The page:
Growing Wild

With Dr Catherine Keena, Teagasc Countryside Management Specialist

Look out for cock’s foot seed heads which are tufted, triangular flowerheads comprising clumps of spikelets. As its name as Gaeilge suggests, garbh fhéar or rough grass becomes coarse and unpalatable after flowering. It does yield well especially early and withstands drought because of its deep roots.

While normally best to let nature take its course and not sow ‘wild’ flowers where ground cover is needed to outcompete problem weeds or invasive alien species, sowing cock’s foot seed is recommended and is sown in arable grass margins in ACRES. Cock’s foot grows in dense tussocks ideal for overwintering spiders and sites for egg laying invertebrates and is part of our native Irish biodiversity.

Gardens and galleries

Preparing for Gardens and Galleries in Innishannon is from left to right, Gerry Foley, Alice Taylor, Mary Nolan O'Brien and Peter Fehily.

Innishannon in Co Cork celebrates its 7th Gardens and Galleries event over the weekend of 29 and 30 June.

Beginning at the Parish Hall, your €10 ticket offers access to all the events, details of all the participating venues, and transport to some of the beautiful gardens in outlying areas.

Don’t forget to tour the many varied gardens and exhibitions in the heart of the village either, like for example, the new Linen Garden created to celebrate the local GAA field’s past use as home to a linen industry in years gone by.

There will be history walks of the village, nature walks through Dromkeen Wood, gramophone recitals in Rohu’s Country Market and a mini vintage show.

Quote of the week

We found it the time of the war, in the west side of the bog. ‘Twas a three sod bog. We were cutting away and the next thing we saw this little bit of timber falling out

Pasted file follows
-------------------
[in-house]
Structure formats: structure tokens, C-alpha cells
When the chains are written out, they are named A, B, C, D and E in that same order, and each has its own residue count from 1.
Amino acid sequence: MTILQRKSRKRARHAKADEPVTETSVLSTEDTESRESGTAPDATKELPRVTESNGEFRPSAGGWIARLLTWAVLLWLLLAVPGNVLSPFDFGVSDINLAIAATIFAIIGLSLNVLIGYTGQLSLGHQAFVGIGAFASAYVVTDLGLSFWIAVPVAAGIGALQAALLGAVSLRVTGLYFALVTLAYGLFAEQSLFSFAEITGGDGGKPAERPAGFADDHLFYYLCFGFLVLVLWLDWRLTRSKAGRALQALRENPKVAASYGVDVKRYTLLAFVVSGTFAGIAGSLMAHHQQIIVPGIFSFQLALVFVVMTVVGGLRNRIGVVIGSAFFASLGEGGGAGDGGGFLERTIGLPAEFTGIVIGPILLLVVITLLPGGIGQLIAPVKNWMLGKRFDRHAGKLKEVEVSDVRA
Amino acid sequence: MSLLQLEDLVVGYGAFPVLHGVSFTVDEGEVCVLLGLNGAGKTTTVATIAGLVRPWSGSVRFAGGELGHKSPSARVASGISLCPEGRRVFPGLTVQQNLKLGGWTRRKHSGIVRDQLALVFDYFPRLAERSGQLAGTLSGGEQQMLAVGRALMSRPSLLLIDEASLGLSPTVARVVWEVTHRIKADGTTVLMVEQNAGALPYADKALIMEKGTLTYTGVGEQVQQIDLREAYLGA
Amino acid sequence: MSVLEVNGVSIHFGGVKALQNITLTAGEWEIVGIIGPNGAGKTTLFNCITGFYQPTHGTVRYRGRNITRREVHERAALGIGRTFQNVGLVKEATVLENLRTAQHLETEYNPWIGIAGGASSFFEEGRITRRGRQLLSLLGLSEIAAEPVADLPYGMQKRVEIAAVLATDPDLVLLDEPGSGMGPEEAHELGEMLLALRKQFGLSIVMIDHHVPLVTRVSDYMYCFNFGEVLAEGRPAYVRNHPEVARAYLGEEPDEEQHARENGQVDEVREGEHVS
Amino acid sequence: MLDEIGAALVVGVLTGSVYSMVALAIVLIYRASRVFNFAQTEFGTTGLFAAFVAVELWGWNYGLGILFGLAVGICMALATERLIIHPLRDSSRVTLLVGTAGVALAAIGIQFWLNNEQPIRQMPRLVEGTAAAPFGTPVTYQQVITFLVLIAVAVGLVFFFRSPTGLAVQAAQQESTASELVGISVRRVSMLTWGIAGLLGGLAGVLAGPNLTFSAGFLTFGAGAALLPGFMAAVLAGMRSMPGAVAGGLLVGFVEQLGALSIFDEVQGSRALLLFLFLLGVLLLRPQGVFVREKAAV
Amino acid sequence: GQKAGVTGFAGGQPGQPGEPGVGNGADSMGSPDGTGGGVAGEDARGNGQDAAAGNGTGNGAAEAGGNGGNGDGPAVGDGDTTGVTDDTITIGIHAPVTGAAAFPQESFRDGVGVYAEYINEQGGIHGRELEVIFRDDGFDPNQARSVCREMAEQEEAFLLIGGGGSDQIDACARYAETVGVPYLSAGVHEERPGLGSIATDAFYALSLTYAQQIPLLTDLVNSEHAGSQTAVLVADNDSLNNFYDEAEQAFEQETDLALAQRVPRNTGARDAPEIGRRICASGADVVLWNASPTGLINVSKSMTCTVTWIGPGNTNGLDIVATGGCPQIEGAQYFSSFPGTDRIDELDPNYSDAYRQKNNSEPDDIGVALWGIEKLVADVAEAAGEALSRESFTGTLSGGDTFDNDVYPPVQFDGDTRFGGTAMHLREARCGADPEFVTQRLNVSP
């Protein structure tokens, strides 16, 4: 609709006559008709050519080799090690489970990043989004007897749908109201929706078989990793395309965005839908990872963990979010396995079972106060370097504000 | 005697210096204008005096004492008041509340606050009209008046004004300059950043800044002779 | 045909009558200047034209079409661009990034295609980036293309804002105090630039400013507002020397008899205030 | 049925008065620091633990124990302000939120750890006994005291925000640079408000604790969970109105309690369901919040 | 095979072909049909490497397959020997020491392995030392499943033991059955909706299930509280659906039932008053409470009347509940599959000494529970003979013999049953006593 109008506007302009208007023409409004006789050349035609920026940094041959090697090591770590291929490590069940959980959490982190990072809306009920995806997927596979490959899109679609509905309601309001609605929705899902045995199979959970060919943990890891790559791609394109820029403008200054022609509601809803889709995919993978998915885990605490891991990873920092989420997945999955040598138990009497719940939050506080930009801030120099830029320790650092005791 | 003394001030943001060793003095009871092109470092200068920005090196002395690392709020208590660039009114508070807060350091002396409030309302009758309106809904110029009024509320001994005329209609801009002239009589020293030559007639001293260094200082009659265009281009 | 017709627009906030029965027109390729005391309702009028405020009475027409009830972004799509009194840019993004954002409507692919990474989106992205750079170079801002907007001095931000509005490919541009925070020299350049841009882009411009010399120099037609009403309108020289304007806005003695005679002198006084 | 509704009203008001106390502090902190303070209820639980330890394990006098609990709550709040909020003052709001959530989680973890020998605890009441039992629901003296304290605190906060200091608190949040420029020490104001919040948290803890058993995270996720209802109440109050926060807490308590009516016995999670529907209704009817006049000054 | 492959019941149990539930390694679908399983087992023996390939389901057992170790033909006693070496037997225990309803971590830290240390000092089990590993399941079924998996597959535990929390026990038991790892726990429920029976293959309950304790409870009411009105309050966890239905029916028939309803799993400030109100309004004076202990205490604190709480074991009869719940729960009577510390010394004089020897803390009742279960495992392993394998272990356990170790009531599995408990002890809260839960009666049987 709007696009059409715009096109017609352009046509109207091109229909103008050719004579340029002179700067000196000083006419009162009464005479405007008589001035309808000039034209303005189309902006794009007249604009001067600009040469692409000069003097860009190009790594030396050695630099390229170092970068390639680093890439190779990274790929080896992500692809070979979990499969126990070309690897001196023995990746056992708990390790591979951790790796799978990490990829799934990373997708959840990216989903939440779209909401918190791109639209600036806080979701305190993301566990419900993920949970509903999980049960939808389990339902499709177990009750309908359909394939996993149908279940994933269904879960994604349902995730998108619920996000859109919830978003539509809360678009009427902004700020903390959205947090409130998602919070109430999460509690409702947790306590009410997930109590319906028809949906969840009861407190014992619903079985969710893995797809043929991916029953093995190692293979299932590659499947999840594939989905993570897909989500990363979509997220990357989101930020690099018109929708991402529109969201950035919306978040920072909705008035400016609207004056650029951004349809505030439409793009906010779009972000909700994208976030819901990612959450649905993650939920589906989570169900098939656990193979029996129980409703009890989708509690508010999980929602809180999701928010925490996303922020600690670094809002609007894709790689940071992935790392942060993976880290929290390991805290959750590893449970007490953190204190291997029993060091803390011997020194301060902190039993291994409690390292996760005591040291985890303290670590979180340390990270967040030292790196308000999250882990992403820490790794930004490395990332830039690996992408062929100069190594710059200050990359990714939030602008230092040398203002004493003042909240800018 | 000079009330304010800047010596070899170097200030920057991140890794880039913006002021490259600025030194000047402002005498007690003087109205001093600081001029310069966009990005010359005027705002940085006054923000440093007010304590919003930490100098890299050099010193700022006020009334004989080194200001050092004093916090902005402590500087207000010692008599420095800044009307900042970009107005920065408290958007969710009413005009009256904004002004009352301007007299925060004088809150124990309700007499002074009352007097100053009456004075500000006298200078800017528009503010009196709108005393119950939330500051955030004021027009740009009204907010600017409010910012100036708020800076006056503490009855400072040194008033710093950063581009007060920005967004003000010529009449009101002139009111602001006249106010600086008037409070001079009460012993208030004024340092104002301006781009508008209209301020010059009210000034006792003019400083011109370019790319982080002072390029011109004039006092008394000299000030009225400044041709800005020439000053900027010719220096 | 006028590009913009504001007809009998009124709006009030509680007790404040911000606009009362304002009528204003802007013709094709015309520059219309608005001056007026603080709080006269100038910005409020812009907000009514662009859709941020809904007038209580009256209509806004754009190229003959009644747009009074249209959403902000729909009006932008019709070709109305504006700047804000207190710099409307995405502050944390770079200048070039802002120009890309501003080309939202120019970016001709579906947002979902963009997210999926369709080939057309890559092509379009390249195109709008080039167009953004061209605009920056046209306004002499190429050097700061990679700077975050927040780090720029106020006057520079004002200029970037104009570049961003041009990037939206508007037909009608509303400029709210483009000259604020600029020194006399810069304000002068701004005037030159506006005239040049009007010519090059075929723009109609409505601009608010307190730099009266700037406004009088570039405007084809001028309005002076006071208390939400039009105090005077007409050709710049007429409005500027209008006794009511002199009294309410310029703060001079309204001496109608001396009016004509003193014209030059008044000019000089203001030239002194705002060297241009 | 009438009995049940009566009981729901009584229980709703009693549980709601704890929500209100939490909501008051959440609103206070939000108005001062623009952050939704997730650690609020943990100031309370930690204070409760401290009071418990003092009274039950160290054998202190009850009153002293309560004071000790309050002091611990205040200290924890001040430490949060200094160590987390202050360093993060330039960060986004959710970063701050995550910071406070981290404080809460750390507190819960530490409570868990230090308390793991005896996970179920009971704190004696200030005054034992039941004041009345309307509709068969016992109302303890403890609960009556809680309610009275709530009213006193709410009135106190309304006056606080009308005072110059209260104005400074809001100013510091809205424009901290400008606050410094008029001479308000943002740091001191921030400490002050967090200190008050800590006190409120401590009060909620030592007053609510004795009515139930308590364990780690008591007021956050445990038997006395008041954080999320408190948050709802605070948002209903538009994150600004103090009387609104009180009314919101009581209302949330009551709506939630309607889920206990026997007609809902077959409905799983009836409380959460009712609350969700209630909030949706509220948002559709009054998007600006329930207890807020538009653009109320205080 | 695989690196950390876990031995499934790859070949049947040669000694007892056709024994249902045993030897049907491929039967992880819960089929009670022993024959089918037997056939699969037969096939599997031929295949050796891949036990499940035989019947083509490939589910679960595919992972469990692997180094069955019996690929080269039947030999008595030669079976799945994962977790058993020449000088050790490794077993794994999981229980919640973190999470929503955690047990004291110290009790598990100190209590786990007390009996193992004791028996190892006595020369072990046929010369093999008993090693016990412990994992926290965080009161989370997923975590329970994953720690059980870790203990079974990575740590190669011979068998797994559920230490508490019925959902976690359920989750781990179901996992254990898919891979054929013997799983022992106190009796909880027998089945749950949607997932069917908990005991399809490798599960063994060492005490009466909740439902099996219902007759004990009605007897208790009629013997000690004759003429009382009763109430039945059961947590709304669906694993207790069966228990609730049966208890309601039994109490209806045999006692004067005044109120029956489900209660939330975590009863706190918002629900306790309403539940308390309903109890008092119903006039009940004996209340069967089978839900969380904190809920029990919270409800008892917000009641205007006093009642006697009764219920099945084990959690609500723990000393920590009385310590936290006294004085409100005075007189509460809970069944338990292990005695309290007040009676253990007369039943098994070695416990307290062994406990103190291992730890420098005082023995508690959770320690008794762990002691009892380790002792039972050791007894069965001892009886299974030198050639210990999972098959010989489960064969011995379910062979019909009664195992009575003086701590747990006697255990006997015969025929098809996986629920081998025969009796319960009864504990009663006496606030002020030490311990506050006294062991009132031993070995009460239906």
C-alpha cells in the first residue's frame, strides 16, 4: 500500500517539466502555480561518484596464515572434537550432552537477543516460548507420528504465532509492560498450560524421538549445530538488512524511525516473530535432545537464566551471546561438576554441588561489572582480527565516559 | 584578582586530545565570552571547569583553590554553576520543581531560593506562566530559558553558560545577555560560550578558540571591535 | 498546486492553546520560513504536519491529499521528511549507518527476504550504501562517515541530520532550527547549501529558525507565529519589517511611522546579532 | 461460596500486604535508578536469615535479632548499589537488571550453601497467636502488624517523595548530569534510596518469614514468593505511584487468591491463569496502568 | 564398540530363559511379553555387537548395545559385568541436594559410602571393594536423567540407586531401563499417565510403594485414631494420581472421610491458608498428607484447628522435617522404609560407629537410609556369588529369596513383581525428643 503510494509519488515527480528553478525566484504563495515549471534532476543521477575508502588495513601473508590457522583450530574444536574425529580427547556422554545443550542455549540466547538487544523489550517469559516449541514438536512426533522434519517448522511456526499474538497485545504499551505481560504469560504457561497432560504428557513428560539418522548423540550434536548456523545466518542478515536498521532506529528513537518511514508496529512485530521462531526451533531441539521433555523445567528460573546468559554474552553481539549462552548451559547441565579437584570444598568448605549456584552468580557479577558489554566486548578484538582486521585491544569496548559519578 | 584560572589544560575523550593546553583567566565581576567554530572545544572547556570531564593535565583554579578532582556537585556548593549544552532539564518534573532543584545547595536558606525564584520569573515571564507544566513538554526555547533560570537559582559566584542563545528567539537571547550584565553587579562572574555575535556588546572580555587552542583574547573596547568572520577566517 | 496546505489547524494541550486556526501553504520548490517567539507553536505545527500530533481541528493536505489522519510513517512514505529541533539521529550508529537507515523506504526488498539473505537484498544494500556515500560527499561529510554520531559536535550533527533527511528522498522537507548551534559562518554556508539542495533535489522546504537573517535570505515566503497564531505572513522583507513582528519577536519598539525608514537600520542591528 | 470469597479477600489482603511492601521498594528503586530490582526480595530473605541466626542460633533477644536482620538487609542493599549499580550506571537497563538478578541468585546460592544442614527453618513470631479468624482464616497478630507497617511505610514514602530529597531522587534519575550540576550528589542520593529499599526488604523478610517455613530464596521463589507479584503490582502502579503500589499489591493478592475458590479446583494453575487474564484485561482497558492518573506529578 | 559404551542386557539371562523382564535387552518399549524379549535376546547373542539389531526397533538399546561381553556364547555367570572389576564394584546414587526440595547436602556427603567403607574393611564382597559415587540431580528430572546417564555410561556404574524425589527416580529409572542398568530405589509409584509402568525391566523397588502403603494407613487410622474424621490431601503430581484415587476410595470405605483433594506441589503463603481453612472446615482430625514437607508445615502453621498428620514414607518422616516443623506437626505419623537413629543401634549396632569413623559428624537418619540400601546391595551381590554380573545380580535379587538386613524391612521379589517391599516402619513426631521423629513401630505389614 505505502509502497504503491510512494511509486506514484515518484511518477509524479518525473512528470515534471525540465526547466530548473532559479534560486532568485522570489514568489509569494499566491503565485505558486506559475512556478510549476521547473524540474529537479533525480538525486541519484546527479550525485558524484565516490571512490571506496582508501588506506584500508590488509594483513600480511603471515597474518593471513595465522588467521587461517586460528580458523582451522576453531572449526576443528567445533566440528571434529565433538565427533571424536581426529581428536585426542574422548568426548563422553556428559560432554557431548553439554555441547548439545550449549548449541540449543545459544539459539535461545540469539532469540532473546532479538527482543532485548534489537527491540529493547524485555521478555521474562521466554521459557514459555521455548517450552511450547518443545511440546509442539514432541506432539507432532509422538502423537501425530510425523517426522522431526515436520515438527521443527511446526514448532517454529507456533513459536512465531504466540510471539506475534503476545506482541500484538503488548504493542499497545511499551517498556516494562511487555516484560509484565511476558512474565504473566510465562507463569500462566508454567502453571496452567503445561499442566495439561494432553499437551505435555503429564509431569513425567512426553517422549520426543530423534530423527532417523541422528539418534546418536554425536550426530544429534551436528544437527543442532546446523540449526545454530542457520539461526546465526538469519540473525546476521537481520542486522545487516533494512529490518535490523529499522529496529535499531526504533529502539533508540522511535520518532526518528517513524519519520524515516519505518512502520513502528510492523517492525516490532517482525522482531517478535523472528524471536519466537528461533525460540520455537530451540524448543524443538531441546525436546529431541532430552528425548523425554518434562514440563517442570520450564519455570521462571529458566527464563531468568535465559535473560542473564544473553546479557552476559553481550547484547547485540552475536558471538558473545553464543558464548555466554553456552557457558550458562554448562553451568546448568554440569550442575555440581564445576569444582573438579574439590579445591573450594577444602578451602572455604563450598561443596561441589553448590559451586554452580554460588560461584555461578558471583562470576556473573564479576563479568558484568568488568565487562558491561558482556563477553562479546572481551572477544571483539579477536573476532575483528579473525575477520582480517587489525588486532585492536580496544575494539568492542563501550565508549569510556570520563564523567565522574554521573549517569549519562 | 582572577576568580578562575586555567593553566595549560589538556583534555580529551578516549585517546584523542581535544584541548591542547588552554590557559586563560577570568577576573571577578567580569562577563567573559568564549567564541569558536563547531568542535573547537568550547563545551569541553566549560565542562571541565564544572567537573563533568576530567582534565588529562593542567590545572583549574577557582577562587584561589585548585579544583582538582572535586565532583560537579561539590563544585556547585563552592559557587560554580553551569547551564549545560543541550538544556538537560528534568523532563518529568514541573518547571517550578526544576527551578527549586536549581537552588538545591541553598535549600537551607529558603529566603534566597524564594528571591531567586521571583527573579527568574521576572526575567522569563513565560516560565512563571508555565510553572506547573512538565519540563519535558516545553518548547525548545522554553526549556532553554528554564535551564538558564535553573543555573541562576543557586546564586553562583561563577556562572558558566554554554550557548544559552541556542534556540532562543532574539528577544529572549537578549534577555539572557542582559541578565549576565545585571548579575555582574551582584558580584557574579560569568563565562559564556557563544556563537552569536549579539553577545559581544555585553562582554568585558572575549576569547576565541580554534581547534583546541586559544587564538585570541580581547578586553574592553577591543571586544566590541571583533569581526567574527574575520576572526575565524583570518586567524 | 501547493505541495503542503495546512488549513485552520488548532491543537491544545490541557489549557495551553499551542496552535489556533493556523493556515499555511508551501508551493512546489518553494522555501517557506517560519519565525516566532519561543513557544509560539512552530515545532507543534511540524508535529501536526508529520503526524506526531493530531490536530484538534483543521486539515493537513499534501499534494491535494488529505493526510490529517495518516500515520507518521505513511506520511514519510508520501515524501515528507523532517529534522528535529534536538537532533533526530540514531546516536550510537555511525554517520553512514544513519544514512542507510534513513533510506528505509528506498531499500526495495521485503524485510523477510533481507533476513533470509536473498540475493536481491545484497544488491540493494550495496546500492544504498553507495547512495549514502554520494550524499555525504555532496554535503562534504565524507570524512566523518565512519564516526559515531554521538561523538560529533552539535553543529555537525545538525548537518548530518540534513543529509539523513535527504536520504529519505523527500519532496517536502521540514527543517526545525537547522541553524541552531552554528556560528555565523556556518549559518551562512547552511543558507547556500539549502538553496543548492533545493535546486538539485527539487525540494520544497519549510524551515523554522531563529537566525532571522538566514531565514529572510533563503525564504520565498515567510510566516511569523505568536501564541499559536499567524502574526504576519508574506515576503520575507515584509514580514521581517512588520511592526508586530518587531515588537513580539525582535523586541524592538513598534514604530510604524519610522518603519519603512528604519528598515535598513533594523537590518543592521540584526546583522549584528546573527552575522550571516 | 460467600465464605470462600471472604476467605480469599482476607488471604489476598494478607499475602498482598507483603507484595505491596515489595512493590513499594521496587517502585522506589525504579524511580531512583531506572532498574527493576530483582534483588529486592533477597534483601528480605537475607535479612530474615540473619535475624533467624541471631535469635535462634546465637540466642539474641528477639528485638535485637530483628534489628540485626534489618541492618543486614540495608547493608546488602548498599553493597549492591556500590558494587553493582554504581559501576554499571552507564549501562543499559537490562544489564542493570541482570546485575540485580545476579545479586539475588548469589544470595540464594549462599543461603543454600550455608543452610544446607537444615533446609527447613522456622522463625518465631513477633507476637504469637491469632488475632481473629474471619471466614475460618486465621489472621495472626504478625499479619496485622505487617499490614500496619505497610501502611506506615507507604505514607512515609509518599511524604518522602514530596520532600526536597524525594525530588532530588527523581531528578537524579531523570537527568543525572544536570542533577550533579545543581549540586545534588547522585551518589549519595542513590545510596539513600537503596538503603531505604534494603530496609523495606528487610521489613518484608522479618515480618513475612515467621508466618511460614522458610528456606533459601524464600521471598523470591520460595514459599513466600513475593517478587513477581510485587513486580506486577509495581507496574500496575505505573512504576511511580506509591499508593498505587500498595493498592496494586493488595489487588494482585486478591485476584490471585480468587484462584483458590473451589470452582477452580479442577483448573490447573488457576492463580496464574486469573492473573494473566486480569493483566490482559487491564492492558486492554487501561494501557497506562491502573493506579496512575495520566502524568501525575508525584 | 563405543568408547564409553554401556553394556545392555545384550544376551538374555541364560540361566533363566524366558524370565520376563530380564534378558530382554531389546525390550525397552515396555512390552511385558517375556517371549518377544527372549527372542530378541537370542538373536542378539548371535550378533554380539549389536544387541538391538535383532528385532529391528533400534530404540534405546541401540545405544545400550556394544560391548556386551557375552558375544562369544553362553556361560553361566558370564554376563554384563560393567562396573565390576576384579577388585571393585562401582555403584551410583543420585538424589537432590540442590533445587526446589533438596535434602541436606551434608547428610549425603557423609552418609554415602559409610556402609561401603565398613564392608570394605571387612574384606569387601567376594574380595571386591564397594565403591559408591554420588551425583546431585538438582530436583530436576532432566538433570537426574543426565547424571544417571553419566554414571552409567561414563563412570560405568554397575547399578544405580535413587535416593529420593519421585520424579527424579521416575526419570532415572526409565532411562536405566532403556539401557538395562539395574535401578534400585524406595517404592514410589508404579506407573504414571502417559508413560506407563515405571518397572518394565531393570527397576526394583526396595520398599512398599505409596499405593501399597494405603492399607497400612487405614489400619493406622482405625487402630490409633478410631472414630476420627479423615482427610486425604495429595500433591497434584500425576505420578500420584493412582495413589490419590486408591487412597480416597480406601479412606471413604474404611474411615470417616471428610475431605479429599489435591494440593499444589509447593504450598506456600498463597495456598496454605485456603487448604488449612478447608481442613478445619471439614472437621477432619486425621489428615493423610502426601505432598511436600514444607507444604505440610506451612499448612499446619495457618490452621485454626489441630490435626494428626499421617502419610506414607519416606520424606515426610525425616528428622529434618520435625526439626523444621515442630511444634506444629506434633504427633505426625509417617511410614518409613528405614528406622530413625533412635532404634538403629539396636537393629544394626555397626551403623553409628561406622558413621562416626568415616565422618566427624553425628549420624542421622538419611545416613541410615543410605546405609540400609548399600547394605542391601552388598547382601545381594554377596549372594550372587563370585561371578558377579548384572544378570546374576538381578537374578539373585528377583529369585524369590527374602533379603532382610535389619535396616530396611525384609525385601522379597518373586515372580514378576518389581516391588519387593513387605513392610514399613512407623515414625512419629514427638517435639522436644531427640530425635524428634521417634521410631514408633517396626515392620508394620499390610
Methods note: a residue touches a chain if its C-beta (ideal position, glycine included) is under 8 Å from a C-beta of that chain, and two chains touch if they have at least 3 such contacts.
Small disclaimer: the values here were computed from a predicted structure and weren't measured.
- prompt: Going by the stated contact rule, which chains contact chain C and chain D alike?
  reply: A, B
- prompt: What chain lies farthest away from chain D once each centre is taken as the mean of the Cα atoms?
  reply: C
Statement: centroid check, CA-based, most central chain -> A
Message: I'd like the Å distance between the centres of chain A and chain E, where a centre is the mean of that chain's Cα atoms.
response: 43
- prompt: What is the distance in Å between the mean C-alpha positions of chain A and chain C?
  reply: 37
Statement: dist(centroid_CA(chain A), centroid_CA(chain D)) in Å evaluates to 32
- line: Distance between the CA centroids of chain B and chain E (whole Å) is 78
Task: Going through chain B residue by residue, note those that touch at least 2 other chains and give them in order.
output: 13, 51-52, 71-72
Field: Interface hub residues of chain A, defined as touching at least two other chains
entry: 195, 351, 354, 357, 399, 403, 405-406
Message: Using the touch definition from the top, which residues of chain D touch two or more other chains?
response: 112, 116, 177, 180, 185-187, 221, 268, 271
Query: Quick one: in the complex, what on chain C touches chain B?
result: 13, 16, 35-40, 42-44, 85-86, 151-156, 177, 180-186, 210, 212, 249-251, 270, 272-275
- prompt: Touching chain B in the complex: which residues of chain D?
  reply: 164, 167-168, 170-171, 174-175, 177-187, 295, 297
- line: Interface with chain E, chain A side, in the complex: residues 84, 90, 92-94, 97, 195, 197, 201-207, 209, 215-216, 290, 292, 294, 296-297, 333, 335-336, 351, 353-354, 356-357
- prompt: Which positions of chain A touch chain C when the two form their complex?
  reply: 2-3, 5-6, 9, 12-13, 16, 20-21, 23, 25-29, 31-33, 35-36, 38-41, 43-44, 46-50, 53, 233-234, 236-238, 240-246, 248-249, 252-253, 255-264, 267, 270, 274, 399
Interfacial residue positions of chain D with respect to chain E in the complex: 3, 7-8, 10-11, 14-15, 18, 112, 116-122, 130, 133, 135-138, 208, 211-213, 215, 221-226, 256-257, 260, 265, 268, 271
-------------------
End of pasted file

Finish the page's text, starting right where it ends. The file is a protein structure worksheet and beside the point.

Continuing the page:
Number of the week

500,000 people identified as carers countrywide in 2023, according to Family Carers Ireland. Read more about the challenge of balancing care with the needs of the carer

Picture of the week

Three-year-old Paddy Burke just loves watching the JF850 Harvester in action at silage time. \Submitted by Gerard Burke, Co Mayo

Online pick of the week

Paddy Mathews, head of operations for Ireland’s Hidden Heartlands at Fáilte Ireland

Do you have an idea for a regenerative tourism project in the midlands? Don’t forget that 30 June is the closing date to get your proposal in for the Regenerative Tourism and Placemaking Scheme.

Co-funded by the Government of Ireland and the EU Just Transition fund, its ambition is to attract more visitors to the midland counties and lengthen their stay by expanding the range of attractions to see and enjoy.

Poetry Corner

Drop a line From Bar Stool Notions of Poetry by Jonathan Roth

“Penny dropped me a line yesterday”

Any news?

No, not much to say

Did you reply?

No, I’m getting some paper today

Where does to “drop a line”

come from?

Many hundreds of years ago

Our forefathers went to the post box

And ‘dropped’ their letters in to go.

Will you drop me a line

when you arrive?

This custom no longer survives.

No more dropping in the mail

Now it’s all WhatsApp and email.

But maybe it is the same

Email versus snail mail

But the pen in the hand is

still the best

As most Elder Lemons will attest.

The lovely weight of the

Montblanc pen

Is the signature of men

The ink flows on the page

To drop a line at any age.